Divorce in Northern Ireland Frequently Asked Questions

06 March 2024

For many, the process of divorce in Northern Ireland understandably can appear challenging and emotionally overwhelming. From understanding the grounds for divorce to grappling with issues like child custody and financial settlements, there are a multitude of questions that our clients often ask during the divorce process.

In this article, we aim to address the most frequently asked questions surrounding divorce law in Northern Ireland, offering clarity and guidance on key aspects of marital dissolution. Whether you are seeking information on the legal grounds for divorce, the division of assets, or arrangements for children, our specialist divorce lawyers can help you navigate this process with confidence.

What are the grounds for divorce in Northern Ireland?

There are five ‘grounds’ for divorce and a person must satisfy one of these grounds in order to get a divorce.

  • Unreasonable Behaviour - you need to show the Court that your spouse has behaved so unreasonably that you can no longer be expected to live with them.  Types of unreasonable behaviour are wide ranging and can include physical or verbal aggression, lack of communication, financial control, coercive behaviour or misconduct and addictions.
  • Adultery -you need to show the Court that your spouse has committed adultery during the course of the marriage.  The person with whom your partner had the affair can be joined and named in the Divorce Petition also.
  • Two Years’ Separation With Consent  - available where both you and your spouse have lived separately for more than two years and your partner consents to the divorce. You can have been living in the same property during this time but must have lived independently to one another.
  • Desertion for Two Years - This occurs is where your spouse has effectively ‘deserted’ you. This ground is technically difficult to prove and is very rarely relied upon in divorce proceedings.
  • Five Years Separation -This ground is available where you and your spouse have lived separate for more than five years. You do not require your spouse’s consent on this ground.

How long does the divorce process take in Northern Ireland?

The specific timeline depends on factors such as the grounds for divorce, whether proceedings are contested by your spouse and whether there are financial matters to be resolved. A very straightforward and undefended divorce where there are no financial matters to resolved will generally take approximately six months. 

Is it necessary to go to Court for a divorce in Northern Ireland?

To formally dissolve your marriage, you will need to apply to the Court for divorce.  There will be a Court hearing called a Decree Nisi which you will need to attend in order to obtain the divorce. If there are marital assets to resolve, you and your spouse can engage in negotiations outside of the Court forum through solicitors to reach a fair division of any marital assets.  This is the process of negotiating a Matrimonial Agreement.  If financial matters cannot be resolved amicably in this manner, then an application for financial provision will need to be made to the Court.  This is known as an Ancillary Relief application.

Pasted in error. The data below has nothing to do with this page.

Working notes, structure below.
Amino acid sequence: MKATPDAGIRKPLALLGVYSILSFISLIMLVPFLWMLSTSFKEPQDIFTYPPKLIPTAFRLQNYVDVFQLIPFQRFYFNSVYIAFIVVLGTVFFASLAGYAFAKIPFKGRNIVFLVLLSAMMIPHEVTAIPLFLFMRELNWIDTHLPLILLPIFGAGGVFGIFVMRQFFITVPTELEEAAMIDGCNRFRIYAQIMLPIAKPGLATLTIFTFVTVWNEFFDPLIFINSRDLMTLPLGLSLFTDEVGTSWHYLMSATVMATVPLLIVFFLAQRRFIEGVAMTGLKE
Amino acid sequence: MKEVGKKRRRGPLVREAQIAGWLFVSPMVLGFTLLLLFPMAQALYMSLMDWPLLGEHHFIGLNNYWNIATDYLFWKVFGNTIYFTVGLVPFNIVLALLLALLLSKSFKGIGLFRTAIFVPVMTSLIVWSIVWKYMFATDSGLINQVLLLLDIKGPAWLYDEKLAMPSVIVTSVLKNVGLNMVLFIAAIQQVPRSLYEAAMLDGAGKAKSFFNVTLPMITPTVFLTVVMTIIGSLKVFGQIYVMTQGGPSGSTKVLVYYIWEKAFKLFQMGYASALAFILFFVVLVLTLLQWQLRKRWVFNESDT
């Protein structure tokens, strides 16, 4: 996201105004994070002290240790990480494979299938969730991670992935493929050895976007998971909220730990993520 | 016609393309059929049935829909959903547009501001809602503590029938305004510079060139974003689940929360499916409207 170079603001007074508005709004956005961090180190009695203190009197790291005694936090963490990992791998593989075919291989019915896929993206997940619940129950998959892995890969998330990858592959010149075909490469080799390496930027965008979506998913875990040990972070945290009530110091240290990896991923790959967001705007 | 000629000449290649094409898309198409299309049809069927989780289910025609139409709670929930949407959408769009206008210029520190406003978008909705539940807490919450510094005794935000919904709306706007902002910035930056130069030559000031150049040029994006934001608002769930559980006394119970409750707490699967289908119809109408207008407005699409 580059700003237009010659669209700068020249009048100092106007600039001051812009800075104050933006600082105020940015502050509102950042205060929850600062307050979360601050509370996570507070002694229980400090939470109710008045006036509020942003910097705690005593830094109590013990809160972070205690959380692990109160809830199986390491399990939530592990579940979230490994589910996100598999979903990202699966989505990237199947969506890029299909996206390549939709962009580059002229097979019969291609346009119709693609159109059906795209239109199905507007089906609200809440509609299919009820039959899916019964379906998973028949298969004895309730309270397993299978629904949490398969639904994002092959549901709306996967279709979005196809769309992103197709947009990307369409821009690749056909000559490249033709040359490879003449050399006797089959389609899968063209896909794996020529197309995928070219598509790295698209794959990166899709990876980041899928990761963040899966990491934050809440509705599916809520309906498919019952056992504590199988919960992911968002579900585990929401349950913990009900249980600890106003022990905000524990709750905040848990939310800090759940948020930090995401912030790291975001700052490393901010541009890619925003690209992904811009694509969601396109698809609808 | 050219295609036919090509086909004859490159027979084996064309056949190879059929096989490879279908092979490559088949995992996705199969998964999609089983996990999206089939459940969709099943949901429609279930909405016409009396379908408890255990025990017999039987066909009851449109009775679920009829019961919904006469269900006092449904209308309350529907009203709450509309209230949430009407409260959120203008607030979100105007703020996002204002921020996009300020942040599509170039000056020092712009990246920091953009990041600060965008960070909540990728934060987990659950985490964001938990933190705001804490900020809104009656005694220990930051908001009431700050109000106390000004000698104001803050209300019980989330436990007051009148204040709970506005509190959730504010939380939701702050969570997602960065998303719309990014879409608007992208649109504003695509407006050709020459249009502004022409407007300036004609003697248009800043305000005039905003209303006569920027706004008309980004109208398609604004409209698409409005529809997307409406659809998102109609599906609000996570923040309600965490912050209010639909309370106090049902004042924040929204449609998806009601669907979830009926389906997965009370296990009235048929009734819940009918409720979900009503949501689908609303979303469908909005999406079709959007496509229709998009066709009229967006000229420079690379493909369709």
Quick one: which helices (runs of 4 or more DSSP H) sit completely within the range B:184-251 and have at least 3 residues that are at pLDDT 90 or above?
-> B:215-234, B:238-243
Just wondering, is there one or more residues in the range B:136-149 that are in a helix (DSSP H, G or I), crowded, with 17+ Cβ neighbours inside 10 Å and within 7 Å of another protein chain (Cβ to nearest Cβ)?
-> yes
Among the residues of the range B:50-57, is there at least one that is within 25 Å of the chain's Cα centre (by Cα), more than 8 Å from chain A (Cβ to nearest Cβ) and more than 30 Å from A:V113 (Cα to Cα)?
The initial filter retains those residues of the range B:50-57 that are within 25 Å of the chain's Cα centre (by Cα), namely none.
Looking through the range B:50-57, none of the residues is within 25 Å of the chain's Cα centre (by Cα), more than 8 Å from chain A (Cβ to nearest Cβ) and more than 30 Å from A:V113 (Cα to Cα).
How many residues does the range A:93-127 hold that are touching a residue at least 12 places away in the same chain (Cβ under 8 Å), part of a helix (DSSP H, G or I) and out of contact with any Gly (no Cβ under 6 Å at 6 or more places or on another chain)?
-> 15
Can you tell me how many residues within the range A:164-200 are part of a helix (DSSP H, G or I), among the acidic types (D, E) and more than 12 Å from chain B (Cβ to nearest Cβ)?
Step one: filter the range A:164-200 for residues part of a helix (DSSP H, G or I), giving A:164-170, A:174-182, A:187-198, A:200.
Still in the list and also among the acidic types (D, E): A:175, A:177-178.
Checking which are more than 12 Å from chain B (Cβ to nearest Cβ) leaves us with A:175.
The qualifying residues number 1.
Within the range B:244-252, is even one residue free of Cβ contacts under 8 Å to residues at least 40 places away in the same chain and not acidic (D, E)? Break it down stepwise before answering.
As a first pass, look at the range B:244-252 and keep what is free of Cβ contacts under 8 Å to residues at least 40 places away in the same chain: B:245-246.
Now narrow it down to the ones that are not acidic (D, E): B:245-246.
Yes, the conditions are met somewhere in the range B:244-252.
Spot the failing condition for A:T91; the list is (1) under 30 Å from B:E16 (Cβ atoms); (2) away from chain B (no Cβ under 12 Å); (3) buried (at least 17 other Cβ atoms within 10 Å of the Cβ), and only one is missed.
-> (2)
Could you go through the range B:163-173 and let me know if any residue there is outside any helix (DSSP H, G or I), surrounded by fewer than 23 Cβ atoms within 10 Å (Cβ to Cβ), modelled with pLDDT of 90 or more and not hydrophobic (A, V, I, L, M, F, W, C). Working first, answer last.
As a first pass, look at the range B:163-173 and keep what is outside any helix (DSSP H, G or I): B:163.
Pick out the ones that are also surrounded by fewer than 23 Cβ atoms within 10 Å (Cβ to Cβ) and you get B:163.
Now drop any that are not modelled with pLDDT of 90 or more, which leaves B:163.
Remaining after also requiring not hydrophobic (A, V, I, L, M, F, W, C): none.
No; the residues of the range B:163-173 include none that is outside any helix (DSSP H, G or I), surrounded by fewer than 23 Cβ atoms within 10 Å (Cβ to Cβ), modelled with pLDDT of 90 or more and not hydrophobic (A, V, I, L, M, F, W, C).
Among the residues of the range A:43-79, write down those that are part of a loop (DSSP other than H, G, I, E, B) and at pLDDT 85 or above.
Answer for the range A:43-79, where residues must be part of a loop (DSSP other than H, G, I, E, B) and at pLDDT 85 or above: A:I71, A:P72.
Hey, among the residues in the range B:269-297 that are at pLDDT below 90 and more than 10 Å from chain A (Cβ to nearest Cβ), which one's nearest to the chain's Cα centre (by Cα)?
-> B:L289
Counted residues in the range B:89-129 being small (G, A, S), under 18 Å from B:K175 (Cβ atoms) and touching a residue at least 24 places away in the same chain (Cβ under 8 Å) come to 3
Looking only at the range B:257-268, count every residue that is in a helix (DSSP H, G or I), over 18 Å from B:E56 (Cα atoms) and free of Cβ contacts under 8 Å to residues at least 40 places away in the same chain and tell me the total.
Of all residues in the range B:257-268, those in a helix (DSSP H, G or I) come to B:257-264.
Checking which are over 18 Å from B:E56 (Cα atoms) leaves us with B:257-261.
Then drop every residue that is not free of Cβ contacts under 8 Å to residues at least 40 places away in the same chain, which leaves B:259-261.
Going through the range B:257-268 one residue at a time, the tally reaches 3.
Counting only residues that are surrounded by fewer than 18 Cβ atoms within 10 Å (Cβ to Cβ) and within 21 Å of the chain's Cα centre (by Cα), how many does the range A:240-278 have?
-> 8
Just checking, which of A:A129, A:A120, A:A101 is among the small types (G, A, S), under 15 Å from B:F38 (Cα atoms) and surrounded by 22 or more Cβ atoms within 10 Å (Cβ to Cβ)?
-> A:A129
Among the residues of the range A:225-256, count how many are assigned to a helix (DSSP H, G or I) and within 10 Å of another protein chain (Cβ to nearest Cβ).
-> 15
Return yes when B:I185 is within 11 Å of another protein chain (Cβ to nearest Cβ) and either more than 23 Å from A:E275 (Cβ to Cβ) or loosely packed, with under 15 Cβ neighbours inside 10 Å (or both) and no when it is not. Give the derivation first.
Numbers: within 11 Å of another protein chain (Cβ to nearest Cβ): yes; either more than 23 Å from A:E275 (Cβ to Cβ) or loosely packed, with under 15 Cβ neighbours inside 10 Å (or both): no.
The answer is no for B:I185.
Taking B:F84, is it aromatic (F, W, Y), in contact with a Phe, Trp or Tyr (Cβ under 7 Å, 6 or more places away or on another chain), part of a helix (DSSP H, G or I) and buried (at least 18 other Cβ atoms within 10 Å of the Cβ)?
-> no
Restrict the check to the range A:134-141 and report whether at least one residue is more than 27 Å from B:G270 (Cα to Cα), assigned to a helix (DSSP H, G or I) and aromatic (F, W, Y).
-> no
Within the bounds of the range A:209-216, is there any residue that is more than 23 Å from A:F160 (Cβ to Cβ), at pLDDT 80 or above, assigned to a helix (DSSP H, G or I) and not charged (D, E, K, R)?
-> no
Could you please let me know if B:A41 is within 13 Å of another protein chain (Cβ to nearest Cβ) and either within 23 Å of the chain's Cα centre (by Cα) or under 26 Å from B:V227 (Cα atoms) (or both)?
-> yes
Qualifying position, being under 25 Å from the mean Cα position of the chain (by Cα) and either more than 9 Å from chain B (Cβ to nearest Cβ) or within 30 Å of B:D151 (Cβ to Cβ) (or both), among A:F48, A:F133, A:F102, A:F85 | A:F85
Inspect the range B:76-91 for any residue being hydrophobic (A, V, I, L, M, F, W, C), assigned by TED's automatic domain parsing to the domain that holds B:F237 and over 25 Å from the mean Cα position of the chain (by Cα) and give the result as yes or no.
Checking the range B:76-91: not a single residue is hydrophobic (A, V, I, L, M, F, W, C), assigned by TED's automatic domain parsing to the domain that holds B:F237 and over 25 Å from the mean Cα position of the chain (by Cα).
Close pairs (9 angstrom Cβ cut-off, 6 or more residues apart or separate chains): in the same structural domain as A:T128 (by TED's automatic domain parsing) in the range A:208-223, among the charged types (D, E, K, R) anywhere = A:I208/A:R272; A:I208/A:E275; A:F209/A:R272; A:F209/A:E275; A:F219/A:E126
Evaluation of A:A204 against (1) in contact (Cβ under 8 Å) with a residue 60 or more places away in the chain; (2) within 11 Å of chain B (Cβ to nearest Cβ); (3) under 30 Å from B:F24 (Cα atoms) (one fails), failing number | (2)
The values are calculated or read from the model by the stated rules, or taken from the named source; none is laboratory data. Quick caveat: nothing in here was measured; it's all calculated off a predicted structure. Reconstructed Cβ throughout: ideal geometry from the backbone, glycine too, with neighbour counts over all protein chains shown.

What is the difference between separation and divorce in Northern Ireland?

Separation means living apart without formally ending the marriage. Divorce is the legal dissolution of the marriage.

How is property divided during a divorce in Northern Ireland?  

The division of property upon divorce will depend on the nature and extent of assets in each particular case.  Generally, both spouses will have rights to the family home, regardless of whether they are both named on the title of the property or if they contributed to the mortgage and outgoings. If one spouse is undertaking primary care of any minor children following separation, that spouse will generally get a larger portion of any equity in the family home.  

If there are other properties owned by either spouse, consideration will have to firstly be given to whether the property was bought pre-marriage, during the marriage or post-separation as well as the needs of each spouse when assessing any claim or interest.

Do I have any rights over my spouse’s pension?

Yes, you will have a claim over any pension that your spouse accrued during your marriage. Pension valuations will need to be obtained to determine any entitlement. Any claim you have over your spouse’s pension can may be realised by way of a Pension Sharing Order.  This is where your spouse’s pension pot is split and the percentage that you are entitled to is placed in a separate pension pot for you to access upon retirement.  Alternatively, consideration can be given to your interest in your spouse’s pension being offset against other marital assets. Pensions are complex assets and it is important that you obtain specialist advice about your rights in this area.

Can I get spousal support in Northern Ireland?

Spousal support, also known as spousal maintenance, may be agreed or awarded depending on a variety of factors including financial need. There is no strict formula for assessing spousal maintenance and whether any such maintenance is payable following separation will depend on the disparity of income of both parties and their needs.  It is normally assessed by looking at both parties’ income and expenditure.

For advice and assistance on any matter relating to divorce or separation, contact Claire Edgar by email on cedgar@fhanna.co.uk or calling 028 9024 3901